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D.C. Considering Encrypting Fire Department's Radio Communications

D.C. firefighters and emergency responders may soon follow the lead of police and encrpyt their radio communications.
Andrew W. Sieber (http://www.flickr.com/photos/smartjunco/186893581/)
D.C. firefighters and emergency responders may soon follow the lead of police and encrpyt their radio communications.

D.C. Fire and EMS is considering encrypting its radio broadcasts starting in 2014, said Deputy Mayor for Public Safety and Justice Paul Quander this morning.

Quander said that he was debating the move in the wake of September's Navy Yard shootings, though he did not specify how the response to that incident was affected by open radio broadcasts, which can be streamed online or using phone-based apps.

A spokesman with the fire department said he was unaware of any plans, but Keith St. Clair, Quander's spokesman, said that the encryption of radios would be among the recommendations in the Navy Yard After-Action report, which has yet to be published.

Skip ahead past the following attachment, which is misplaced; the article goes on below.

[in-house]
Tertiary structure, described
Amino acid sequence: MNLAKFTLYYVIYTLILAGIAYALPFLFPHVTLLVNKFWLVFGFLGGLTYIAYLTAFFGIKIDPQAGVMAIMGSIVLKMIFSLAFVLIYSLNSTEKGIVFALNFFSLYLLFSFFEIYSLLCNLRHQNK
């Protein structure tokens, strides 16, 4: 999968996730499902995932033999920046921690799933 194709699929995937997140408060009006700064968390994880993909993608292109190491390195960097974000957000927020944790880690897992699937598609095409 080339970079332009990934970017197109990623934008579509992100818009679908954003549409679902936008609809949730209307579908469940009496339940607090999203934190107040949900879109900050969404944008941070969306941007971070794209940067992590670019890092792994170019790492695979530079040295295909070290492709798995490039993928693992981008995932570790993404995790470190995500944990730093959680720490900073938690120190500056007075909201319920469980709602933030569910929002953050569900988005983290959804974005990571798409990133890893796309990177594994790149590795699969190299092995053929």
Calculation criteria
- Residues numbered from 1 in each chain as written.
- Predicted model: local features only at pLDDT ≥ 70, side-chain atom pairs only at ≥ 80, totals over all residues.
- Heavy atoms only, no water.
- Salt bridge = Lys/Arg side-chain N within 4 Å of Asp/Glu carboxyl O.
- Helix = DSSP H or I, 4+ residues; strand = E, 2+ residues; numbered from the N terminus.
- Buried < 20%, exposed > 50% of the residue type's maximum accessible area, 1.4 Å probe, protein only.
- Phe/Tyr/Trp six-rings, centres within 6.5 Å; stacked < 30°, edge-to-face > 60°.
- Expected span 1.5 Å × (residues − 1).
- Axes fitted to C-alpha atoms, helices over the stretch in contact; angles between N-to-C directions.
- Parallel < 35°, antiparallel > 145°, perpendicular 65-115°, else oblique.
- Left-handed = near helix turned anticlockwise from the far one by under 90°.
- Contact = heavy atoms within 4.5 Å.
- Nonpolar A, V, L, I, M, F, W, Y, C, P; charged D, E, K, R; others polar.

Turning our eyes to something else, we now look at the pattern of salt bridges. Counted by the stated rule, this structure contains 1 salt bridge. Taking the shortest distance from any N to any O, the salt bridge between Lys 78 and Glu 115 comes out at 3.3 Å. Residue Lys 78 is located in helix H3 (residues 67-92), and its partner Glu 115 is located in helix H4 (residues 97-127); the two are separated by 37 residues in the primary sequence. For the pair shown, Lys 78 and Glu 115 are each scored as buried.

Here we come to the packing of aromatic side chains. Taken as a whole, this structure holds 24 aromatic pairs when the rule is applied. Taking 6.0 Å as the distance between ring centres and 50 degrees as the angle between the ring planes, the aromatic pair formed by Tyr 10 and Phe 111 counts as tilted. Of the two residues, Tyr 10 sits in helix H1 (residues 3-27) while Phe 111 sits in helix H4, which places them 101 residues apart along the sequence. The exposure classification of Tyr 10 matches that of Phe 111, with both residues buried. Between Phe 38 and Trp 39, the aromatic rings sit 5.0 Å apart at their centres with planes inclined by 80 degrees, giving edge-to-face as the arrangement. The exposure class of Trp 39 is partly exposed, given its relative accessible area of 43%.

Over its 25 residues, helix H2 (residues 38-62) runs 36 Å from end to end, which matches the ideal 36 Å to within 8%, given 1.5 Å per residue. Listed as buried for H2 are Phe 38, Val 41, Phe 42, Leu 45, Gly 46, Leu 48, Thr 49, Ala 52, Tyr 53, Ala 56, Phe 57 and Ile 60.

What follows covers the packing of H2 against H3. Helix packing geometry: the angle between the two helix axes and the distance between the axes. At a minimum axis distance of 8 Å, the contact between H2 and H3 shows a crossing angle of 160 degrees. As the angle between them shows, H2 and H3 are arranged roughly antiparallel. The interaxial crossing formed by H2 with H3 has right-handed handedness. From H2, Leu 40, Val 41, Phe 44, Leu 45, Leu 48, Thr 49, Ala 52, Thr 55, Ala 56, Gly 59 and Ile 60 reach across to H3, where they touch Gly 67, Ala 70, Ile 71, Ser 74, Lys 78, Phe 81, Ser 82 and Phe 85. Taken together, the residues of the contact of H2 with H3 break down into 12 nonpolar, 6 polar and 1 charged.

"FEMS radio traffic related to the Navy Yard shootings was being broadcast live on the Internet," said St. Clair. "That sort of access to tactical information could result in an even more dangerous situation for emergency responders and the public."

St. Clair did say that the decision isn't final, and that Quander would consider leaving basic radio broadcasts open while encrypting tactical channels.

In 2011 the Metropolitan Police Department encrypted its radios. In testimony that year, D.C. Police Chief Cathy Lanier said that the move was made to limit "broadcasting information that would endanger the safety and privacy of victims, witnesses, officers, and the public at large."

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